Kick-Ass

I’ve been  following Janet Evanovich’s advice in How I Write, taking a year (as she did) to read books and watch as many films as possible.  Her goal in this exercise is to get a sense of story, pacing, character, plot, what works and doesn’t, and to hear enough voices to be able to focus a new writer on those themes they find most interesting.  She took the whole year off.  That’s not possible for me, so I’m writing much of each day, then watching at least three movies weekly and reading at least one chapter per day of a book.  Why am I telling you this?  I just saw Kick-Ass this week, and it, well, kicked ass.

I won’t rehash the story, and will agree with critics who write that to some degree, this is a film whose audience isn’t old enough to watch it (Kick-Ass is rated “R”.  But if, like me, you’re looking for some tight writing, a gripping story, characters whose motivation is refreshing and original, Kick-Ass is for you. Be ready for more red stuff than the Red Cross blood drive and swearing worse than you’d hear at the nation’s largest truck stops. If that doesn’t scare you, it’s a fun ride.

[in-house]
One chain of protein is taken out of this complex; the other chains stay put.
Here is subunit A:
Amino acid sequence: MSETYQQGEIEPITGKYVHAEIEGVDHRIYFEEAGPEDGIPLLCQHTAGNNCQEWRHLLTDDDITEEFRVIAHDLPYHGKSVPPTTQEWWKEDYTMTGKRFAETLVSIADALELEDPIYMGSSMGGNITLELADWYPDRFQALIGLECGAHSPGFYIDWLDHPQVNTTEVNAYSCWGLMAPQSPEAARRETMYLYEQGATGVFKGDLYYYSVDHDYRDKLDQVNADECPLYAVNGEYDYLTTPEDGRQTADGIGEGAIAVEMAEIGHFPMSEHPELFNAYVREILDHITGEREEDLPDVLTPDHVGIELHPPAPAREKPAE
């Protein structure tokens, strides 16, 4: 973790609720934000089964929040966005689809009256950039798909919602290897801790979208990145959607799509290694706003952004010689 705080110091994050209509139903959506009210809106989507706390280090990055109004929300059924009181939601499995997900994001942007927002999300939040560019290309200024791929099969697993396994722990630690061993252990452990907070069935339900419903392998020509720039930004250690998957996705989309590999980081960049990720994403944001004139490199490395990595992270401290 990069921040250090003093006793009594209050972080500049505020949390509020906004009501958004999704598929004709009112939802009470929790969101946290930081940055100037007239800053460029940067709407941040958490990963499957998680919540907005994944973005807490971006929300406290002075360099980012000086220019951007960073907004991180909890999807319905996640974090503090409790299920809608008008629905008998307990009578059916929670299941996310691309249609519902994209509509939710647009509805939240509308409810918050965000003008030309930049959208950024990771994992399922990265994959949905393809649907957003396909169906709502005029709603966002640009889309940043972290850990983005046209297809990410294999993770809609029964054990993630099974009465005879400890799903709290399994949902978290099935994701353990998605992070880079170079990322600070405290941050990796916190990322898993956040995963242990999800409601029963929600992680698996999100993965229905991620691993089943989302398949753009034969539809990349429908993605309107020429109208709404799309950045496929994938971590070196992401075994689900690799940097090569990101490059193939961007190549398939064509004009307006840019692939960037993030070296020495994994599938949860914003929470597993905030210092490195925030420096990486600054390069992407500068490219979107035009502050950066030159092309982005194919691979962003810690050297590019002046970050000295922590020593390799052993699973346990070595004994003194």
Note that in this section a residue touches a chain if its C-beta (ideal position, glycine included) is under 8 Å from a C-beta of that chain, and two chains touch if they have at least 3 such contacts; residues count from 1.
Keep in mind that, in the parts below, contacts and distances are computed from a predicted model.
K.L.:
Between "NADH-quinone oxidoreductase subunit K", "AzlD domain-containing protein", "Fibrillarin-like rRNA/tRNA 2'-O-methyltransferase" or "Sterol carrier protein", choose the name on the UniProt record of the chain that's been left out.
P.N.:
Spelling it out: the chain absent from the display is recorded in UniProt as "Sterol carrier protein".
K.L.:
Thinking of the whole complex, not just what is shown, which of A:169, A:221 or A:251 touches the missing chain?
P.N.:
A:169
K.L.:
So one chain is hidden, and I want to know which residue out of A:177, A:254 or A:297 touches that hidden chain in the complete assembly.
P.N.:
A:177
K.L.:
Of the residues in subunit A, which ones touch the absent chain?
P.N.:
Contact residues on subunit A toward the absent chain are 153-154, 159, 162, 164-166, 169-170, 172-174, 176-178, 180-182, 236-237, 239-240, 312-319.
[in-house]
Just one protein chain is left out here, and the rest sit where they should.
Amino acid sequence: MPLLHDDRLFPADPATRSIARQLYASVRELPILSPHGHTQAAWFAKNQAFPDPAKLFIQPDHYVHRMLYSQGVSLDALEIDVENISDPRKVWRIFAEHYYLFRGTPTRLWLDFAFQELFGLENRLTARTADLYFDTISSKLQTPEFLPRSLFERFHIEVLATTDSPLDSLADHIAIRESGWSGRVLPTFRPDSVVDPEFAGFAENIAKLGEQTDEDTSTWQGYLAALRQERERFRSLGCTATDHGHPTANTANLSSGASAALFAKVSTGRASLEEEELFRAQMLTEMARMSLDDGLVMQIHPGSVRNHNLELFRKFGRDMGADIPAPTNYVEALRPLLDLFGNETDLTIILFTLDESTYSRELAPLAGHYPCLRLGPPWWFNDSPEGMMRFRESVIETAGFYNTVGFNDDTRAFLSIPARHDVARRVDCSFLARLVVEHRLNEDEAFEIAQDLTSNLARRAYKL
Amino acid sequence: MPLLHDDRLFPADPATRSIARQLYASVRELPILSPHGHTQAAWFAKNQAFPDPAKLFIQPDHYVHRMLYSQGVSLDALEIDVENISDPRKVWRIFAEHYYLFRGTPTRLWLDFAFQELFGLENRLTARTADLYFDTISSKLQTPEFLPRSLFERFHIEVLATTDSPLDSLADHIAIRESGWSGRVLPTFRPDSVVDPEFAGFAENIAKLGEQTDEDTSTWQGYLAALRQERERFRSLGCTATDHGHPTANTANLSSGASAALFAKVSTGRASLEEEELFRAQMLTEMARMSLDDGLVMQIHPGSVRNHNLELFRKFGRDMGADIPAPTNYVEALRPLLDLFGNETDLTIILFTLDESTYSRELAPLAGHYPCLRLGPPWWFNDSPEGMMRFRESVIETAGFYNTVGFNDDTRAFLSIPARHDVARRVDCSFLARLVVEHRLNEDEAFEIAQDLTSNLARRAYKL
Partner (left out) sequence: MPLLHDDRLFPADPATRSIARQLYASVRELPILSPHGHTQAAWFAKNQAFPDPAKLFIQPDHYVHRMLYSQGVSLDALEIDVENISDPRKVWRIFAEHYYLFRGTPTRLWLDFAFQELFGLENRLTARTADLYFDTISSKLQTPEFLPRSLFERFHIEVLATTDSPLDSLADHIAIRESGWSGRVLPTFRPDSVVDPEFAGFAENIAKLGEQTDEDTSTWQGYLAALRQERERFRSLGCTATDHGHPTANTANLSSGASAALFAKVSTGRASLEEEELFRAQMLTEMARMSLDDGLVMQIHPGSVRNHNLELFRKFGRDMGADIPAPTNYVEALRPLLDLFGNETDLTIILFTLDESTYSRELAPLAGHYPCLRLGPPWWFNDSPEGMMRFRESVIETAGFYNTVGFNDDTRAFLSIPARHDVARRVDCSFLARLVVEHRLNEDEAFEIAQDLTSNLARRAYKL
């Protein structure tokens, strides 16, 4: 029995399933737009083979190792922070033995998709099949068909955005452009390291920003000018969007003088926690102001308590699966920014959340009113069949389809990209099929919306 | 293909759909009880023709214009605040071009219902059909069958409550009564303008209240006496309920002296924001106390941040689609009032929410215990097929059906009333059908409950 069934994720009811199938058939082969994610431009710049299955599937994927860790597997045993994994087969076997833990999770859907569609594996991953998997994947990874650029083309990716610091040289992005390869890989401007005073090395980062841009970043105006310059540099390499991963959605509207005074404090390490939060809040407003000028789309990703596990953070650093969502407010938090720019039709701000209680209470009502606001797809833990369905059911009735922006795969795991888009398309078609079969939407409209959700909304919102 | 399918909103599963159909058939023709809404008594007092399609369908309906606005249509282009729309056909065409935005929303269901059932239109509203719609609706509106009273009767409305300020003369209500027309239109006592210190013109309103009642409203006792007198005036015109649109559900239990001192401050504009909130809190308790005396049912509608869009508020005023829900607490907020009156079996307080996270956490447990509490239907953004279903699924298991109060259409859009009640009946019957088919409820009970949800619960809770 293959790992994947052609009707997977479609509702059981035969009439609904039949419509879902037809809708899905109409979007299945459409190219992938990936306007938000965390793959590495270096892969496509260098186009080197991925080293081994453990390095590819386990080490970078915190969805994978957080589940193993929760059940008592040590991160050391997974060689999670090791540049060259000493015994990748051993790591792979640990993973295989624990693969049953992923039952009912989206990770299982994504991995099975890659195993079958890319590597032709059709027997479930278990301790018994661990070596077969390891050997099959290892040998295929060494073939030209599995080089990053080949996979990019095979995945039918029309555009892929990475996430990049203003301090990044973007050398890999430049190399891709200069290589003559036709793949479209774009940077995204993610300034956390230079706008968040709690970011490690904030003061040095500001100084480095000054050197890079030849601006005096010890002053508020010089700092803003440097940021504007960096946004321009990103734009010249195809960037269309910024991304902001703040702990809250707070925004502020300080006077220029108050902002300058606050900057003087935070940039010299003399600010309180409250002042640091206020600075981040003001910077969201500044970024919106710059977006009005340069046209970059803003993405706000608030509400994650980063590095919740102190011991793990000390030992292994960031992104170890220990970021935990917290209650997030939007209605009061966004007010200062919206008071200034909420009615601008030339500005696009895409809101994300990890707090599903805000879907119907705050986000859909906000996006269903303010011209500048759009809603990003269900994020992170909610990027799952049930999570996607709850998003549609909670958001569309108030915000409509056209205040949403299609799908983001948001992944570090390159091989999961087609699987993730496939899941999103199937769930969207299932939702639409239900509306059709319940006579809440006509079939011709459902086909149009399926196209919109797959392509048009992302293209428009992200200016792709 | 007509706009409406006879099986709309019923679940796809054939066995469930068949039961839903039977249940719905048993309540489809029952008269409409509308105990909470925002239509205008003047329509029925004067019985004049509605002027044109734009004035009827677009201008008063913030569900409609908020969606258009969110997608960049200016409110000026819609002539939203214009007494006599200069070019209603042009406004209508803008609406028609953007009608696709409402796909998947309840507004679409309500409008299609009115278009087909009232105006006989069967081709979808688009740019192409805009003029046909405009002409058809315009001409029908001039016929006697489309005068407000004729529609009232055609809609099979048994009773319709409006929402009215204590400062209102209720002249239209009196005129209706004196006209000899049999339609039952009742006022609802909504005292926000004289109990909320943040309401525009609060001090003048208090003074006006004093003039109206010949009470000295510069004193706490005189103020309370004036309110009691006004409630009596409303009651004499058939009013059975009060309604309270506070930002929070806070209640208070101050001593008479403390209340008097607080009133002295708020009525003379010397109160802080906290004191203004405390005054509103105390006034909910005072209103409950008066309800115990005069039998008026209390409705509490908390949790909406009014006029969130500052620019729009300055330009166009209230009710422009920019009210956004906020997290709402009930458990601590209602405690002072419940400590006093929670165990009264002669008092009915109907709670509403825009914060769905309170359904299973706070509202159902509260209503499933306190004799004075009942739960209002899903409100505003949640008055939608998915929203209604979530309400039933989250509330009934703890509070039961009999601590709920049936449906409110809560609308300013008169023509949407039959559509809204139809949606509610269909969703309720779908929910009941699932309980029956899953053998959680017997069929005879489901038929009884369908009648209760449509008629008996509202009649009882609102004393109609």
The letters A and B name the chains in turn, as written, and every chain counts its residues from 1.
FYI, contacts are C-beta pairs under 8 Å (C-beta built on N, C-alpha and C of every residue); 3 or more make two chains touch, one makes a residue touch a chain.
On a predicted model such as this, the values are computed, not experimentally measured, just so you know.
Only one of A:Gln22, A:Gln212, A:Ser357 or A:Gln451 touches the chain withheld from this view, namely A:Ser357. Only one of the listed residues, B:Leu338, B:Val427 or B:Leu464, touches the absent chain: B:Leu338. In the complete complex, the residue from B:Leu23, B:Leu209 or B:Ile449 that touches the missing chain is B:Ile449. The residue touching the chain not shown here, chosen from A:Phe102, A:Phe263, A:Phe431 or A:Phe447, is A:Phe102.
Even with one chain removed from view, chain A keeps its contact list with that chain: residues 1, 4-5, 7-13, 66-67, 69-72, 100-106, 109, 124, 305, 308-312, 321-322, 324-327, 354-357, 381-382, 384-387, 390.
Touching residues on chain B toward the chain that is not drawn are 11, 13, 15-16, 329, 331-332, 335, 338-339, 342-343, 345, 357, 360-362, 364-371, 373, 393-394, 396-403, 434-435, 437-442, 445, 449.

Leaving the film I told Cheryl, “this is a story I can write.” Don’t get me wrong, I’m not being egotistical.  It’s just my kind of work. I’m attracted to the fact that it features a normal guy involved in stressful events far over his head. For the most part, he’s interested only in transcending his banal life and standing for something. He learns that the world he thinks he wants is far scarier and involved than he’d first thought. Isn’t this the same shock most kids get after high school? Wonderful themes and the film that’s given me a new jolt of energy to go make the next words I type count.

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